It isn't that the discount rate didn't have an impact. By reducing profitability, the discount rate devastated the Large Scale Manufacturing (LSM) sector during this period. But it didn't have any impact on inflation as it was the supply-side inflation.
The below chart implies that there is a correlation between inflation and policy rate but correlation does not imply causation. There is no way for the discount rate to affect inflation. If inflation is going down, it is not the discount rate that is responsible for it.
Inflation in Pakistan, most of the time is not demand-side inflation. Even if it is, it will be naive to believe that SBP can control demand-side inflation.
To give an example. The government has approved the construction amnesty (aka money laundering package). So far the registered projects are Rs.300 billion but the government expects around Rs.1 trillion of projects to be registered by the due date. All or at least most of these projects will be financed through undocumented money i.e., the majority of these projects will not be constructed using borrowings from the banks rather undocumented money will be whitened by building these. Rs.1 trillion of projects will lead to an increase in the consumption of construction materials, hiring of construction workers, and increases in wages. These wages will result in workers demanding more goods and services. This will lead to an increase in the prices of goods and services. Once again, to cool down this inflation, the central bank will bring out the hammer i.e. increase the discount rates. This is will have no impact on the majority of the activity as no one is borrowing from commercial banks for this. There may be some impact on cement and steel prices as the manufacturers of these goods borrow from the banks but we don't if there will be an impact of this increase on construction activity, wages, or inflation.
Next year, we will have inflation due to the support price of wheat increased to Rs.1800. International oil prices are rising which will also add to the transportation costs of goods. In addition, “if the Circular Debt Management Plan is brought in action, and the tariff rationalization is done as per the laid-out rates and time – the power consumers face never-seen-before increase in tariffs in such a short span.”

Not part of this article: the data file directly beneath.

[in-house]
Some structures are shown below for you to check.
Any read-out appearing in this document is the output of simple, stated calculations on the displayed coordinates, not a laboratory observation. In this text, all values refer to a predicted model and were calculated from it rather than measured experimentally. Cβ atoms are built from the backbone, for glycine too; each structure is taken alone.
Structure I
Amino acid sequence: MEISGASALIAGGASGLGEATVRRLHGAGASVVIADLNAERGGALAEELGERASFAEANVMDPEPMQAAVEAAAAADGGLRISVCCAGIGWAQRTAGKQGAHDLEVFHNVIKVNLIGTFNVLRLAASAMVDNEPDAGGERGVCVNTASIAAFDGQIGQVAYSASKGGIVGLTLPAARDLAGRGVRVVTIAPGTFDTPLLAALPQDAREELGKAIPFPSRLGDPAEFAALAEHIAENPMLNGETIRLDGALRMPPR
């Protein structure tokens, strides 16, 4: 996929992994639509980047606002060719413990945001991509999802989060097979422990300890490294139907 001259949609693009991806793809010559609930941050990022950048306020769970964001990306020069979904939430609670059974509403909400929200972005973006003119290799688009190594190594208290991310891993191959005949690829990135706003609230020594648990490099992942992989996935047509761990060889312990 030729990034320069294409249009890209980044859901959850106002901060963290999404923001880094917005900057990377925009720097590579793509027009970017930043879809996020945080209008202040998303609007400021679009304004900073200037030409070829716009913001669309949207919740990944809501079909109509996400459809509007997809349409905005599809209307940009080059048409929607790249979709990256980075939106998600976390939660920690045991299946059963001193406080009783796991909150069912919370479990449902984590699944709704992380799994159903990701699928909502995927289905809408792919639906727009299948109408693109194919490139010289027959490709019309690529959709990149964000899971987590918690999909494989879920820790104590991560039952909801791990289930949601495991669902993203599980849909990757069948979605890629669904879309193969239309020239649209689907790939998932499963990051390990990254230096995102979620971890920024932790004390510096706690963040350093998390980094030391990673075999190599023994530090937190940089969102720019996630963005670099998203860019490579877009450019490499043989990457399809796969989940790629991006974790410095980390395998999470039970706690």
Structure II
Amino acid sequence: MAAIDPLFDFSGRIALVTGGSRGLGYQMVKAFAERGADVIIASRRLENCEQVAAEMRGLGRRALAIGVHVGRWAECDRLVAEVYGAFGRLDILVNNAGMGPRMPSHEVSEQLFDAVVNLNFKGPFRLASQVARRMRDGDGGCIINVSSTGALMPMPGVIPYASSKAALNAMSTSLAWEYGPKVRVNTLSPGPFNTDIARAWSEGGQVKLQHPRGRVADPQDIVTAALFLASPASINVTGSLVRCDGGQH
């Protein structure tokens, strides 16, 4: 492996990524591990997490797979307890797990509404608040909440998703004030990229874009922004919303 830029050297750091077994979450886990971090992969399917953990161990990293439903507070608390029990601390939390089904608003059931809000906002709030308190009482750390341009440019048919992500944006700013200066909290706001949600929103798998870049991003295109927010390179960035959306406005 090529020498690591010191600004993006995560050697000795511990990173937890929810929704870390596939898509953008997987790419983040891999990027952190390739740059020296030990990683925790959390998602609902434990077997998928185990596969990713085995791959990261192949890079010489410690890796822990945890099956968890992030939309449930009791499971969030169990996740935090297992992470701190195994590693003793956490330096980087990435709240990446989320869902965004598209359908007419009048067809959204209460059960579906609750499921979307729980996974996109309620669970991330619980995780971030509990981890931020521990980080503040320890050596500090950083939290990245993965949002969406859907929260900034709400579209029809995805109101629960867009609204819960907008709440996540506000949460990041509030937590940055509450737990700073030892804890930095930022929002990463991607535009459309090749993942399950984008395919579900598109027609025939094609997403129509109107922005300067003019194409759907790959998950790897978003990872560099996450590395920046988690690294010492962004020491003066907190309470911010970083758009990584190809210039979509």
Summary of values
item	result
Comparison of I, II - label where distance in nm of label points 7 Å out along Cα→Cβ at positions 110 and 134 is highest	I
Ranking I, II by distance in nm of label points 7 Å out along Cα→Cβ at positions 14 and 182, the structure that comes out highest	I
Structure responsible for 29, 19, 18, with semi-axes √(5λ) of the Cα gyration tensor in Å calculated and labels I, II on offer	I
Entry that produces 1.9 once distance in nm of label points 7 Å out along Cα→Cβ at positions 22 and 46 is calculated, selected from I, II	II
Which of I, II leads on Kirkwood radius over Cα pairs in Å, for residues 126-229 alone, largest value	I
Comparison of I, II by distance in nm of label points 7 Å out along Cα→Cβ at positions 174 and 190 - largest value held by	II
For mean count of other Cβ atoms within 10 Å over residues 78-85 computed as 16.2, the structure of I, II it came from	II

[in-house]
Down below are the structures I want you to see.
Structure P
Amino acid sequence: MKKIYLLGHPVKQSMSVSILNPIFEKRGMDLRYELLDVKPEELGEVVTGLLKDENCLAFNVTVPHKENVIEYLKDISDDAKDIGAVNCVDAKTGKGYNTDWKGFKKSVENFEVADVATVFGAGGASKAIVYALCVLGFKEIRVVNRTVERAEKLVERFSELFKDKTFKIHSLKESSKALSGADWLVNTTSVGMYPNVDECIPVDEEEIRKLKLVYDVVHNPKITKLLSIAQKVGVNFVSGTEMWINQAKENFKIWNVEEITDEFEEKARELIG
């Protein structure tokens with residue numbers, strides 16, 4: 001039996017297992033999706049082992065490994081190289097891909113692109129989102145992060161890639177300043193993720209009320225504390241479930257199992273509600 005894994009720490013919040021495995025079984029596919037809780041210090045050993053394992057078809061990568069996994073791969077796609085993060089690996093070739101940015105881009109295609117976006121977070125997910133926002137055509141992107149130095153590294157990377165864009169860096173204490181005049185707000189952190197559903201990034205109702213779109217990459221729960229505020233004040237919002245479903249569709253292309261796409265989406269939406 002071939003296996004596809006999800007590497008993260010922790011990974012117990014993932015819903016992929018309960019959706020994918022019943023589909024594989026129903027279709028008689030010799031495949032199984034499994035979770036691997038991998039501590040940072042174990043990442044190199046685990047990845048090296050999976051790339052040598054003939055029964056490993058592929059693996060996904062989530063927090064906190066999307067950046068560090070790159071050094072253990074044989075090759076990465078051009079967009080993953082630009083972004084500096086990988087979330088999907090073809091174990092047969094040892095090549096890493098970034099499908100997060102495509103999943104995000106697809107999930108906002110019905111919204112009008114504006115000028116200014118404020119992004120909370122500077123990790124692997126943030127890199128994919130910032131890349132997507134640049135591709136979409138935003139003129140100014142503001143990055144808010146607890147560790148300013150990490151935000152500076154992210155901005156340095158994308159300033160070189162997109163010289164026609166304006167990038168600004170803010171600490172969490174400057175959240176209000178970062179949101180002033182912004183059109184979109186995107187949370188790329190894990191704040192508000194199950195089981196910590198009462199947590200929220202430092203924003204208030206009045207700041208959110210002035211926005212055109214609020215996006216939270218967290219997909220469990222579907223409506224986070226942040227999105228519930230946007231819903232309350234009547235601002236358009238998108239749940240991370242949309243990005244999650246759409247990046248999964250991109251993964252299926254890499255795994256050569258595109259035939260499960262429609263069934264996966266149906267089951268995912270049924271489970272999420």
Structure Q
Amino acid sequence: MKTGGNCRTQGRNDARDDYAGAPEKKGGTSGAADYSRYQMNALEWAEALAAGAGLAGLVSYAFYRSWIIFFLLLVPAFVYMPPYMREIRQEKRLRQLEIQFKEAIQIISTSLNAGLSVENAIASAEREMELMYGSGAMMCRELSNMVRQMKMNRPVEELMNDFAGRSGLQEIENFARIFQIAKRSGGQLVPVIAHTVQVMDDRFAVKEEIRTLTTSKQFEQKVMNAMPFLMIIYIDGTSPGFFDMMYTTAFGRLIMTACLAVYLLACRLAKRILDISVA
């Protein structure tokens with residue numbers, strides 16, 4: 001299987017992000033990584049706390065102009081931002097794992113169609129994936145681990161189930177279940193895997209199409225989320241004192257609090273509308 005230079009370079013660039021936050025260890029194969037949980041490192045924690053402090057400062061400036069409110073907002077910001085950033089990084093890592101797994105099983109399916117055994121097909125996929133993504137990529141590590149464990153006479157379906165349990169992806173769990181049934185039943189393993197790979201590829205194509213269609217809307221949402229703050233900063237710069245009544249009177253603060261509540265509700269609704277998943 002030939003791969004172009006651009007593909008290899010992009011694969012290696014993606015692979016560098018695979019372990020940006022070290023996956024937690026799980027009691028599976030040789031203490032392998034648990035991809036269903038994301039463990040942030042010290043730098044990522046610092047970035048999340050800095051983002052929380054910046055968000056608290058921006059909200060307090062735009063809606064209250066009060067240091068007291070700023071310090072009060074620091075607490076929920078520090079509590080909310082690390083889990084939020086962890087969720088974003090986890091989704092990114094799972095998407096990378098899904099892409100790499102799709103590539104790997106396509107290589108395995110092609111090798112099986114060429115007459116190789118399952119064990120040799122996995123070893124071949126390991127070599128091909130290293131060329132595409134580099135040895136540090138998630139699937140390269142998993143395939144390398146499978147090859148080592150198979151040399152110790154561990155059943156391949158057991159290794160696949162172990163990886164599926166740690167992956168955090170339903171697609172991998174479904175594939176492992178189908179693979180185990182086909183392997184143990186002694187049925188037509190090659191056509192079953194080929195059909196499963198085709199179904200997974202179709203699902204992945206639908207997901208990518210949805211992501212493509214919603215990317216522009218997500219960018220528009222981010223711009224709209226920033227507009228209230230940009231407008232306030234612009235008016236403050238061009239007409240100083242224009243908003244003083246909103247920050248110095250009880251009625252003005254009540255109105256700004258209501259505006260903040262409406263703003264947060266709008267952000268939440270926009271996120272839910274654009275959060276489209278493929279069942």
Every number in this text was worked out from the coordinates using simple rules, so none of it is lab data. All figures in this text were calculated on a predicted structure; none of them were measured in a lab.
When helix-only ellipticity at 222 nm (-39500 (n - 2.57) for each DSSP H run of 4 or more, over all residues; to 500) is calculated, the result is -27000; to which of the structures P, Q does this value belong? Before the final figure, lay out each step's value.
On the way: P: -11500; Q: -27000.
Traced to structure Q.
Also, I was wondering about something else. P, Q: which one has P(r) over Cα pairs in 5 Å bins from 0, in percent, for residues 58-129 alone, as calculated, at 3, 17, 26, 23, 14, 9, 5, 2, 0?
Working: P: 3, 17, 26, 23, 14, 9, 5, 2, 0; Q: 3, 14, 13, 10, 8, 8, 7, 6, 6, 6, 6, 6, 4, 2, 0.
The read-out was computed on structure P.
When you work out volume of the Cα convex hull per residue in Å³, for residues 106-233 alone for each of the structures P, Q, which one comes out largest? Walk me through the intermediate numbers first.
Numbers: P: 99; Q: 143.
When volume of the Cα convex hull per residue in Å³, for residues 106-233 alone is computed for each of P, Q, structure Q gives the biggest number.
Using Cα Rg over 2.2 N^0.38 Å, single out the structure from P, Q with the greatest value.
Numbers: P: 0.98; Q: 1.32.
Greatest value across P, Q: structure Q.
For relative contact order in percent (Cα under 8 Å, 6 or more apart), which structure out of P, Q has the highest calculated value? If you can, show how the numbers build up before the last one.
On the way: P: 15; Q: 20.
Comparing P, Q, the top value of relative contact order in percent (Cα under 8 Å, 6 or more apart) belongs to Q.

All this will add to the inflation of the country and SBP will be incapable to do anything about it. Increasing the discount rate or running Open Market Operations (OMOs) will not dent this inflation.
SBP on its website mentions that by increasing the interest rate it may not be able to control supply-side inflation, however, it can prevent labor wages from increasing which may lead to a fall in inflation by managing expectations.
The argument, to me, appears very weak. I believe this is what should be called “voodoo monetary economics”. If it works as promised (a big if), it will only control wages in companies that borrow from commercial banks which is a very small segment of the businesses in the country.
SBP does not have the tools to control supply-side inflation. SBP also does not have tools to control demand-side inflation if the inflation is generated in the undocumented economy. SBP can only control inflation which is generated by the increase in private sector borrowing or consumer financing but that is a rare phenomenon in Pakistan.
When the latest monetary policy statement was announced, I believed that SBP finally realized that it is helpless to control inflation. It was a revolution because for the last many years and especially the last two years, SBP had been communicating its complete faith in using the discount rate to control inflation. SBP had finally adulted. It was something to be celebrated and hence, tears of joy.
SBP Act Amendment
Unfortunately, the joy didn't last too long. A new SBP Act (Amendment) is making its way to the parliament. It boggles the mind that why price stability (inflation targeting) has been made the primary objective of SBP when SBP doesn’t have the capability to control inflation. The fault isn’t with SBP. The economy of Pakistan with low credit penetration, low contribution of private credit to GDP, negligible (0.2%) mortgage penetration, large undocumented economy, and significant control of pricing in the hands of cartels and mafias, is just not suited for the central bank to manage inflation.
We have been told that we are importing best practices as many central banks around the world have inflation targeting as their mandate. The best practice to import should have been an open and thinking mindset that could have wondered or inquired if SBP has the tools or the capability to control inflation. If not, then price stability should have been a secondary or tertiary target.
There are other questions:
What is the inflation target? 2% like developed countries?
Who will set the inflation target?
Which benchmark will be used to target inflation: headline inflation, core inflation, inflation as depicted by CPI or SPI or any other benchmark etc.?
Has any research been done which shows that SBP has any ability to affect this inflation by playing with the hammer (discount rate)?